‘Rack marks are the sin of sins,’ says Lorraine, who is starting to sound like some sort of cake-baking oracle. More so when she adds that, to avoid rack marks, you simply need to put a teacloth between the cake and the rack.

‘I can see it, I can feel it, I can smell it,’ Pam continues, ignoring Lorraine’s interjection. She takes up her largest knife, dissects the loaf and gently lays it open for examination. ‘The fruit and nuts should be about the same size. They’re well distributed here, and there are no huge air bubbles in the cake. It’s very nicely cooked.’

Pam cuts a triangular sliver from the heart of the loaf.

‘If something’s going to go wrong, you’ll find it here, right in the centre,’ she explains, making the sliver even tinier by cutting it in half with another, smaller knife.

She pushes one of the morsels towards me. ‘There you go, there’s your bit.’ I watch, crestfallen, as Pam pops the other, teeny-tiny morsel into her mouth, closing her eyes and absorbing the texture and flavour of the loaf.

Is that it? So much for an afternoon of being made to eat cake until I’m begging for mercy: even Barbie eats bigger portions than this. But I’ll take what I can get, so I follow suit and consign the morsel to my cakehole. My senses are assailed by a sweet, nutty aroma and taste. It’s moist and heady and delicious.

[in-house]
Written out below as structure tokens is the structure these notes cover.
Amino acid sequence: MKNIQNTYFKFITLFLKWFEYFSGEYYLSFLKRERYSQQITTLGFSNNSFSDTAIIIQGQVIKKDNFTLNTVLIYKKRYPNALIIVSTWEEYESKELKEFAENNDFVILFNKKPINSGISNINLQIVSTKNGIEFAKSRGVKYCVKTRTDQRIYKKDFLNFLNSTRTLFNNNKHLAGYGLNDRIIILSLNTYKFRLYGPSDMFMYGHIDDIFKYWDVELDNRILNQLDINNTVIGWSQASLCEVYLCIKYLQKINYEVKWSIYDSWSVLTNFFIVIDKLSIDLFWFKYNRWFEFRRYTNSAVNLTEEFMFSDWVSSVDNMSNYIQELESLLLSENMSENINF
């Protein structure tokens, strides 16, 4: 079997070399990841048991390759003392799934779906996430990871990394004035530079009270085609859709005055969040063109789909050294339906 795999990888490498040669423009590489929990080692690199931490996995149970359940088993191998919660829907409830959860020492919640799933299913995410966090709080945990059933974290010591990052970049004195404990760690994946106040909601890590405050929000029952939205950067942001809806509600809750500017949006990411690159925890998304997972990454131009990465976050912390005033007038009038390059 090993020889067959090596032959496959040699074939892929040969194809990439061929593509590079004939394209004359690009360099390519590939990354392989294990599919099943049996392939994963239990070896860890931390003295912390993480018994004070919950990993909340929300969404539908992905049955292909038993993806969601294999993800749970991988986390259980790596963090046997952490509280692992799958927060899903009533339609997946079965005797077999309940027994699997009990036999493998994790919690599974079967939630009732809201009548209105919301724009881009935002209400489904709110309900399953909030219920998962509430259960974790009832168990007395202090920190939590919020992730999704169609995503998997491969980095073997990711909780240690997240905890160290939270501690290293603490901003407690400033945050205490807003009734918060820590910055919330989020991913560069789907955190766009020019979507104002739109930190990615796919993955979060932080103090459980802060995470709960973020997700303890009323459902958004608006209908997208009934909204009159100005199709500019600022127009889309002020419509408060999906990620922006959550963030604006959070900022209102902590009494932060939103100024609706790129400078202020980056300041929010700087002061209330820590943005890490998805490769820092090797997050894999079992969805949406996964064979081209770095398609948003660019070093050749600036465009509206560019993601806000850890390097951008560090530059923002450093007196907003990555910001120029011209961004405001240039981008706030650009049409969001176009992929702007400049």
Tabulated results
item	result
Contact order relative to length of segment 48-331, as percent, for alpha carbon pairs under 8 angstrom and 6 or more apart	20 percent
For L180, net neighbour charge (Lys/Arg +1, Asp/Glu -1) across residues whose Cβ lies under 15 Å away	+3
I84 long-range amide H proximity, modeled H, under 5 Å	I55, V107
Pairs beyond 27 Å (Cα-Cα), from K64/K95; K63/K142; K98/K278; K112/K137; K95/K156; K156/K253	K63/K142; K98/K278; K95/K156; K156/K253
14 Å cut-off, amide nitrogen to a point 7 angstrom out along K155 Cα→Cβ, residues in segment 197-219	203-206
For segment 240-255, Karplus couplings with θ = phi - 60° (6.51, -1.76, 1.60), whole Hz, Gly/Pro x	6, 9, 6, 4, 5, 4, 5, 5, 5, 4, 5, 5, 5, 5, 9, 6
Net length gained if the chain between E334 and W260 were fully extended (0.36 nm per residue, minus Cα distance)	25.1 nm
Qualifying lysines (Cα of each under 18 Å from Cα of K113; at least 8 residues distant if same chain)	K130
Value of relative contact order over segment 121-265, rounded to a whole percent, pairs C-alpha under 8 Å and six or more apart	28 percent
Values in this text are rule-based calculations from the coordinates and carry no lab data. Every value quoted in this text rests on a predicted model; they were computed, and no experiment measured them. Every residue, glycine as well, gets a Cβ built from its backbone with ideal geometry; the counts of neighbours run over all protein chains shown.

It’s also gone in an instant. But I come to realise as we look, touch, smell and taste our way through the categories that the old adage of quality not quantity is spot on.

After Pam’s multi-sensory, measured assessment of each category, the goods are handed back to the hovering stewards, who take them away for wrapping. The cakes are going to be on display at Show Day tomorrow, so the ladies want them looking their best. By the time they’ve finished, you can’t even tell Pam or her knives have been near them.


Of course, there’s more to the CWA than scones and country shows. As Australia’s largest women’s organisation, with 44,000 members across 1855 branches in every state, the CWA has been active since their formation in 1922, working to improve the lives of rural women and children.

The CWA is a non-party-political, non-sectarian and non-profit organisation, the stewards – all long-serving members in the seniors’ bracket – tell me over a trestle-table lunch of club sandwiches and quiche. ‘It has parallels with the feminist movement’, reckons Dawn, a softly spoken woman with faded blue eyes and shaky hands. ‘The CWA has been hugely empowering for country women,’ she adds.

‘Back in the early days, it enabled us to come together and garner strength in numbers,’ she says, and those nearby nod their agreement. ‘It helped us to have some influence on our men folk, and on what happened in our community.’

But things are different now, continues another, all matter-of-fact. ‘Yes, our attrition rates are atrocious,’ Dawn agrees. ‘We’re going to be the last generation of Country Women.’

CWA membership peaked in the 1950s and 1960s, when women stayed home. Country life could be isolating, and attending CWA meets was a way of staying connected. Today, they’re struggling to recruit young rural women, and they don’t know what to do about it.

‘Women today are too busy juggling home, family and work commitments to bother with the CWA. They’re not interested,’ adds Dawn’s neighbour, almost gleefully. ‘They don’t want to spend their weekends baking, they want to go out for coffee. They want to travel. Good for them, I say. Good for them!’